Have you seen the show Ghosts? It’s a campy sitcom about a woman who sees ghosts in her house and has learned to live with them. This is kinda like that, but a lot more macabre, and a lot more funny!
If it isn’t bad enough to live in a haunted house, try living in this haunted house in September! The ghosts act up more than usual, the walls bleed profusely, and forget about sleeping, with all the moaning and screaming. But Margaret is resigned to this. She’s learned to adapt, ignore, and tolerate all the goings on. She’s tried the usual remedies: priests, microfiche research, ouija boards, digging up bones, and more. But eventually things go back to the way they were, and of course, there’s always September.
Take Elias, for example. The boy who doesn’t speak but howls, and bites if you get too close. Margaret has learned to just treat him like a plant, narrating her life around him, while expecting no response in return. And it works! Unless she gets too close of course, but shame on her for crossing his boundaries. Margaret understands that if she follows the rules, bites will be kept to a minimum.
In this way she has managed to figure out what triggers each ghost. If you don’t want the upstairs bedroom ghosts to crawl out of the fireplace, don’t start a fire! Easy! And sometimes avoidance is best, which is the case for Master Vale, who lives in the basement. The Bible pages attached to the back of the door seem to be doing the trick, as long as the door stays boarded up.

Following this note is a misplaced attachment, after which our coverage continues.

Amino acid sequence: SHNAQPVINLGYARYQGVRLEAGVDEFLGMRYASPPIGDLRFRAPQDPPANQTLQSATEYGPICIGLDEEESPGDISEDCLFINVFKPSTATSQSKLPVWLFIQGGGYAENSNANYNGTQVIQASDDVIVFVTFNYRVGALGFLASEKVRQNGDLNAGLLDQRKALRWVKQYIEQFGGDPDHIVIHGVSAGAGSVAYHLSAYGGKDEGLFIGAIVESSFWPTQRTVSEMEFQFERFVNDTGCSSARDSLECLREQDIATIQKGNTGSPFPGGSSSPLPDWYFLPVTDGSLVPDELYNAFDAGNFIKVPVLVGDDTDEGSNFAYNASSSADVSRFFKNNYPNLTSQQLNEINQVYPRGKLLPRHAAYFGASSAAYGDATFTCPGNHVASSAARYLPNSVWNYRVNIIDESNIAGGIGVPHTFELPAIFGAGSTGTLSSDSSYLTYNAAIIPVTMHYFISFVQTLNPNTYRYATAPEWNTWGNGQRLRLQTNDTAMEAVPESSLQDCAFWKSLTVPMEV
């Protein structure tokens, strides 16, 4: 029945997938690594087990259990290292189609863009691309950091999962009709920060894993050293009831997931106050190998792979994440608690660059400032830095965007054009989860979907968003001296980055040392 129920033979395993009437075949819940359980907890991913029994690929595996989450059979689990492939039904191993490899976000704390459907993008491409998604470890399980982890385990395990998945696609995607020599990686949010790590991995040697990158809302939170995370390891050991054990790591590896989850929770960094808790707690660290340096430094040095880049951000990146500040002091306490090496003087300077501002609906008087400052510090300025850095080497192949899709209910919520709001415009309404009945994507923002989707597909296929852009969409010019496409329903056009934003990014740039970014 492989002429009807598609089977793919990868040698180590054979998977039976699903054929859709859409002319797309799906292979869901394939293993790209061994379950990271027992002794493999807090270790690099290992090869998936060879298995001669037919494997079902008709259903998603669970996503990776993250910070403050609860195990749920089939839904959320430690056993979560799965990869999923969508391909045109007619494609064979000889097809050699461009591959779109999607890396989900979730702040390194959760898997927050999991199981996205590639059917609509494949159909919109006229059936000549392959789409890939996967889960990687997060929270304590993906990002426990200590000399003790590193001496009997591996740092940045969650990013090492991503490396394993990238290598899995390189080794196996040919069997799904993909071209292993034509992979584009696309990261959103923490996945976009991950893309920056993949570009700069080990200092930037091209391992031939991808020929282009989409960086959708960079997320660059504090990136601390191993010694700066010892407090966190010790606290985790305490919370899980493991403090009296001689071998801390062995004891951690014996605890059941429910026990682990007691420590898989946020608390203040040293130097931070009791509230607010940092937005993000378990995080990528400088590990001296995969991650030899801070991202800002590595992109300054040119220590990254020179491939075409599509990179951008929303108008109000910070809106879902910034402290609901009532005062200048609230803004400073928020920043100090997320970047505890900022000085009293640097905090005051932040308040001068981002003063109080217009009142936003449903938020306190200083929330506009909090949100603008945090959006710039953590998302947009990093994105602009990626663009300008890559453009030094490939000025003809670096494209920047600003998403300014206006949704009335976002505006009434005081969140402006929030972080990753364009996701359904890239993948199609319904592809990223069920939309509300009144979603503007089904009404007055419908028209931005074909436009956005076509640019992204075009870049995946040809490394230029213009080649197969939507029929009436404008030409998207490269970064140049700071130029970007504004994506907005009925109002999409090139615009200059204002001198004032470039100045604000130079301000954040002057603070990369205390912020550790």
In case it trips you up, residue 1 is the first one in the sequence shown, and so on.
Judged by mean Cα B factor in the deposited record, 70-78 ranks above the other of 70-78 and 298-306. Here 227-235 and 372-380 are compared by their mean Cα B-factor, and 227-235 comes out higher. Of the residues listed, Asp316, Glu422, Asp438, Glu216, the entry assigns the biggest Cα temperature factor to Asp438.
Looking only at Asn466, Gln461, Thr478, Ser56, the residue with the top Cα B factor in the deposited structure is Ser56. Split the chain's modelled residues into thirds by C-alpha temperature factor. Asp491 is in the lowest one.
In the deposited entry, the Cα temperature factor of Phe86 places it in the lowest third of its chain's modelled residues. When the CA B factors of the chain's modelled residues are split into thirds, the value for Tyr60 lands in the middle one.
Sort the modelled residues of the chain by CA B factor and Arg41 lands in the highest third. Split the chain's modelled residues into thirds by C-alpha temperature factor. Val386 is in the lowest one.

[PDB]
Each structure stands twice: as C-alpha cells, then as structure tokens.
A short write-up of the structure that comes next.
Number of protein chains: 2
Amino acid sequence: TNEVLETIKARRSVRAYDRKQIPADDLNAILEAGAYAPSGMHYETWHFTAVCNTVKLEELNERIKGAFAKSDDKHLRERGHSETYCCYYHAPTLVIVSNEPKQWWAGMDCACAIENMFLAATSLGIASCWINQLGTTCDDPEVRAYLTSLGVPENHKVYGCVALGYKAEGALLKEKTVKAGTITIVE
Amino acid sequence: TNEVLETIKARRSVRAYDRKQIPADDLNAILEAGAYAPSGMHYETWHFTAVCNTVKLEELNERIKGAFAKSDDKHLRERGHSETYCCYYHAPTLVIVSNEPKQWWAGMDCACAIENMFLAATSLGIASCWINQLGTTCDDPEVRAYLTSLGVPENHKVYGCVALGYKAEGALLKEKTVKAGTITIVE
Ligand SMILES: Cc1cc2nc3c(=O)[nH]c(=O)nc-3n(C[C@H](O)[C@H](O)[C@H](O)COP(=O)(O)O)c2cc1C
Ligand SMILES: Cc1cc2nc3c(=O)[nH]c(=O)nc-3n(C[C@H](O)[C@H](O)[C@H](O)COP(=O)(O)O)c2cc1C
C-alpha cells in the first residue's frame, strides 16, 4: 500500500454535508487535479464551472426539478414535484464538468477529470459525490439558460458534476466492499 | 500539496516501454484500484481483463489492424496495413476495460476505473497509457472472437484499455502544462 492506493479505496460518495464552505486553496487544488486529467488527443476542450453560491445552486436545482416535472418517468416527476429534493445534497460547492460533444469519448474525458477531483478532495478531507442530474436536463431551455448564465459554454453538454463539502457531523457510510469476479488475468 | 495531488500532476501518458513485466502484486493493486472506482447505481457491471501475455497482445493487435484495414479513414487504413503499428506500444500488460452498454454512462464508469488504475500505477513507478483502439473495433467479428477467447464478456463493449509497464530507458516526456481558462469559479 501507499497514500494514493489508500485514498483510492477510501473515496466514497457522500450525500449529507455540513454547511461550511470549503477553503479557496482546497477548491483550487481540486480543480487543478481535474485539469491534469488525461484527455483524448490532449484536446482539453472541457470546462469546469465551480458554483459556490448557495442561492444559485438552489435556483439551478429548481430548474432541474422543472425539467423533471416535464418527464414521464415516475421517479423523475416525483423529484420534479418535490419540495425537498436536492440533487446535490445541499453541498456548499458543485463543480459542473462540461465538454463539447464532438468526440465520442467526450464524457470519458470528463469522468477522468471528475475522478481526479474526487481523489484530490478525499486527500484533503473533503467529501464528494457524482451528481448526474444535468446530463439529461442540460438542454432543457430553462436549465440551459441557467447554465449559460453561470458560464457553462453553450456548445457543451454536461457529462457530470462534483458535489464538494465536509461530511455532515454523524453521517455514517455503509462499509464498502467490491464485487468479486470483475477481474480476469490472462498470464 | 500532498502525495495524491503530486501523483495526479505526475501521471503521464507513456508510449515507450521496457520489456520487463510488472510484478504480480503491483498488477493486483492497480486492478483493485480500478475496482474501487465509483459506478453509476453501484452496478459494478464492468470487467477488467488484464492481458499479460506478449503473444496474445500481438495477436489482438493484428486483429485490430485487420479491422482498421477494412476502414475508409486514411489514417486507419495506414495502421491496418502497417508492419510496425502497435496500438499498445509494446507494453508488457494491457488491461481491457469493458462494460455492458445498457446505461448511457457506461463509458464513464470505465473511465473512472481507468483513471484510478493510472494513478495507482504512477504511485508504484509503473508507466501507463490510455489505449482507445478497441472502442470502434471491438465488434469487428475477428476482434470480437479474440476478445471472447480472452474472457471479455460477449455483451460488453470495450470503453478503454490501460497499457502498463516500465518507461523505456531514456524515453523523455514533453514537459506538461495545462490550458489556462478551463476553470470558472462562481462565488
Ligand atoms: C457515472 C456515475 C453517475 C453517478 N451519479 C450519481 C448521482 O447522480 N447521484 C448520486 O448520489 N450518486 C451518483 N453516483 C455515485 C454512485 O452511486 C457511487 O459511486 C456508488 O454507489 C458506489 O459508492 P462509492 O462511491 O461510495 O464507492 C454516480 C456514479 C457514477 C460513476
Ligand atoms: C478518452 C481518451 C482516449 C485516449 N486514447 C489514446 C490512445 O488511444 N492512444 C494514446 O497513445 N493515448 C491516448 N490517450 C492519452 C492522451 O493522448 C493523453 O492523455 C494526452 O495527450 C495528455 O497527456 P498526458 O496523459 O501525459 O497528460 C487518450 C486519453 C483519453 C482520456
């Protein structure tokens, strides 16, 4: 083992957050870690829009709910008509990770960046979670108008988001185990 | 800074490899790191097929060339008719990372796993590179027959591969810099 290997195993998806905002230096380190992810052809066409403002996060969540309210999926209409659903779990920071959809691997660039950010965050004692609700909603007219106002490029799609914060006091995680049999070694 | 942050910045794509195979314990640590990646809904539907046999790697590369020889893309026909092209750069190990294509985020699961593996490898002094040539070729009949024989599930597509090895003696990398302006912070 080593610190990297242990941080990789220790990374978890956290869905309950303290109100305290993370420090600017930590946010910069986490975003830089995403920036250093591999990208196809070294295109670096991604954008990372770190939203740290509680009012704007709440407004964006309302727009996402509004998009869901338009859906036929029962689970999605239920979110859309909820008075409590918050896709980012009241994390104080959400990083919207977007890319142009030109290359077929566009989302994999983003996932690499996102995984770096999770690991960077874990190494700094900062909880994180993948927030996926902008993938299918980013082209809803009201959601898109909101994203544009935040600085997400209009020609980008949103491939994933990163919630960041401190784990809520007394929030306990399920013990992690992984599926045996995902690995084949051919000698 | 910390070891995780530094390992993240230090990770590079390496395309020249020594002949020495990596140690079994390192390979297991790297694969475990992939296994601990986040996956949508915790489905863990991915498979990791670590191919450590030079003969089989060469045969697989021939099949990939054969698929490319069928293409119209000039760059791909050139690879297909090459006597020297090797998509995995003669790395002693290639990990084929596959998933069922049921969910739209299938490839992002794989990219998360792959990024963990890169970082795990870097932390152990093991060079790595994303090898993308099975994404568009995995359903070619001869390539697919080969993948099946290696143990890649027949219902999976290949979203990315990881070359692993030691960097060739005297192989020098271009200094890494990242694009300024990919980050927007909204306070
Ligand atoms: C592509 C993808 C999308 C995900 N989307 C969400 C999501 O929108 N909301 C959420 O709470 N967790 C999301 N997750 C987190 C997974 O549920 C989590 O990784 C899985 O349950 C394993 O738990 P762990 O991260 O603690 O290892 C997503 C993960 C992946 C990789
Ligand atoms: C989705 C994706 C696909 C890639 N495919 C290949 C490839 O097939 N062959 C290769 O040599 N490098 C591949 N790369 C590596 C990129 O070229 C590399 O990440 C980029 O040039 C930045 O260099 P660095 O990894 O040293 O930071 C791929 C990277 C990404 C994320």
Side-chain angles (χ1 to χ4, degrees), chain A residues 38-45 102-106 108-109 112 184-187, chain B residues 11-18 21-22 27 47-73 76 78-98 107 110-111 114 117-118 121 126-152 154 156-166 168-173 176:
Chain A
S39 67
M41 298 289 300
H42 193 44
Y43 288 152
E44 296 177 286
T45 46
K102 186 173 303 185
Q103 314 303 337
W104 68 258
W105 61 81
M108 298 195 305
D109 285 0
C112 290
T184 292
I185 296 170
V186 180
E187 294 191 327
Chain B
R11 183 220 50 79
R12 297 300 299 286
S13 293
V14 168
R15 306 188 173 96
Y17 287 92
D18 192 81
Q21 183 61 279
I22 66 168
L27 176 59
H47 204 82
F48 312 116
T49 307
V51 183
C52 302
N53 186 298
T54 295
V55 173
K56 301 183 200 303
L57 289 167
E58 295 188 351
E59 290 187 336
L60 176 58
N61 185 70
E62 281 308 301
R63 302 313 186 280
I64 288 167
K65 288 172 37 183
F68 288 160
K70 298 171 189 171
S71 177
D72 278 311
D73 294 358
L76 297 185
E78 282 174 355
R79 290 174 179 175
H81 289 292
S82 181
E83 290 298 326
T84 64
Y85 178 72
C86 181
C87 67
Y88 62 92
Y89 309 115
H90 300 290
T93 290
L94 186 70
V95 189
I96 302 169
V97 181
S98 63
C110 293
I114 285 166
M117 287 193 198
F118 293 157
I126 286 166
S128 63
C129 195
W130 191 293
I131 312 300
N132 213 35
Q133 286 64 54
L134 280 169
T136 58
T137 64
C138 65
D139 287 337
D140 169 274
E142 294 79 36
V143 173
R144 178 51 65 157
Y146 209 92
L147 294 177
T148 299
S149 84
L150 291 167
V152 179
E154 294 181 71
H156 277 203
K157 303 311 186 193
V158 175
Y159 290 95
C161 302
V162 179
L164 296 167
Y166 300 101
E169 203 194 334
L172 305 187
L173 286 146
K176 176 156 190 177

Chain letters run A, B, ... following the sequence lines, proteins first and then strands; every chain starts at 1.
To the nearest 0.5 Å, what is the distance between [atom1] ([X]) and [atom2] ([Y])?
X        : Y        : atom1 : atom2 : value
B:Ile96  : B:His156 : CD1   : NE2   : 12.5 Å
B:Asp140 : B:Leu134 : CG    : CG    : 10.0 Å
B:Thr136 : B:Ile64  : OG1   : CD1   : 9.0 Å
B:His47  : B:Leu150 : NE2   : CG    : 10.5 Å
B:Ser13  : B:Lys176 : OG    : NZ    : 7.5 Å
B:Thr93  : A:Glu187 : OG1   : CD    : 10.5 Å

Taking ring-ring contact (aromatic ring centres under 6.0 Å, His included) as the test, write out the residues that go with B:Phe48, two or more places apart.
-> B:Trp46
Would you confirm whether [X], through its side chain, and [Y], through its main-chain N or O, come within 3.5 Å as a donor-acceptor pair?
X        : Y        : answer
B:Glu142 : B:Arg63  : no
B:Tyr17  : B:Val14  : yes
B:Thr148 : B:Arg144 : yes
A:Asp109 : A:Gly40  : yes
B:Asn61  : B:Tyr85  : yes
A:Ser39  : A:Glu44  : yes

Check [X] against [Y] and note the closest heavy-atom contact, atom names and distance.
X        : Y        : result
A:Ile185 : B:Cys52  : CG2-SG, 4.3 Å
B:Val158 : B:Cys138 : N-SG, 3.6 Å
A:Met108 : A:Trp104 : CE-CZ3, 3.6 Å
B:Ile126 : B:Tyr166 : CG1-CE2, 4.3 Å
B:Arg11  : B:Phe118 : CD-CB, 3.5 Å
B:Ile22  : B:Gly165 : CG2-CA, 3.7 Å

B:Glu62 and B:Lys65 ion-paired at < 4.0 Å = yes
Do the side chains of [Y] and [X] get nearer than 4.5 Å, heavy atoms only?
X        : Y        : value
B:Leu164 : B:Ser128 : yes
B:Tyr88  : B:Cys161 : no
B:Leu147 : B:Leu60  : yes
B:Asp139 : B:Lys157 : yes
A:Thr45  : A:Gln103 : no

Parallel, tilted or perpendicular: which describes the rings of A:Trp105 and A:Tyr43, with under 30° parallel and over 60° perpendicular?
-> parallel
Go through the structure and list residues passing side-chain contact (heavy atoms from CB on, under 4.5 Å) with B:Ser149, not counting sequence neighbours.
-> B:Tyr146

By playing by the rules, Margaret has learned to coexist in this crowded house. But her husband, Hal, isn’t quite as understanding and leaves. And this is news that she can only hide from her daughter, Katherine, for so long. Eventually, Katherine insists on a visit to figure out where Hal went. Unfortunately for Margaret, this is in the middle of September, when even the best behaved ghosts find themselves relieving their anxiety by rearranging the furniture a la poltergeist style:
Unfortunately, this also means the door to the basement has to get unboarded, in order to avoid more questions about what’s…down there.
What’s great about this book is how a lot of what goes on can have an alternate meaning to an outside observer: Frederika, the helpful housekeeper, likes to make tea for Margaret. But all Katherine knows is that the stove is on and left unattended constantly. Or Katherine will catch Margaret talking, seemingly to herself. And signs that Margaret sees as other worldy messages are seen as meaningless noise by Katherine, who grows increasingly worried for her mother as she observes more and more bizarre behavior.
Just like the plot of a typical sitcom – misunderstanding abounds and hilarity ensues, with a touch of horror mixed in. This is a great read that will keep you entertained the entire time.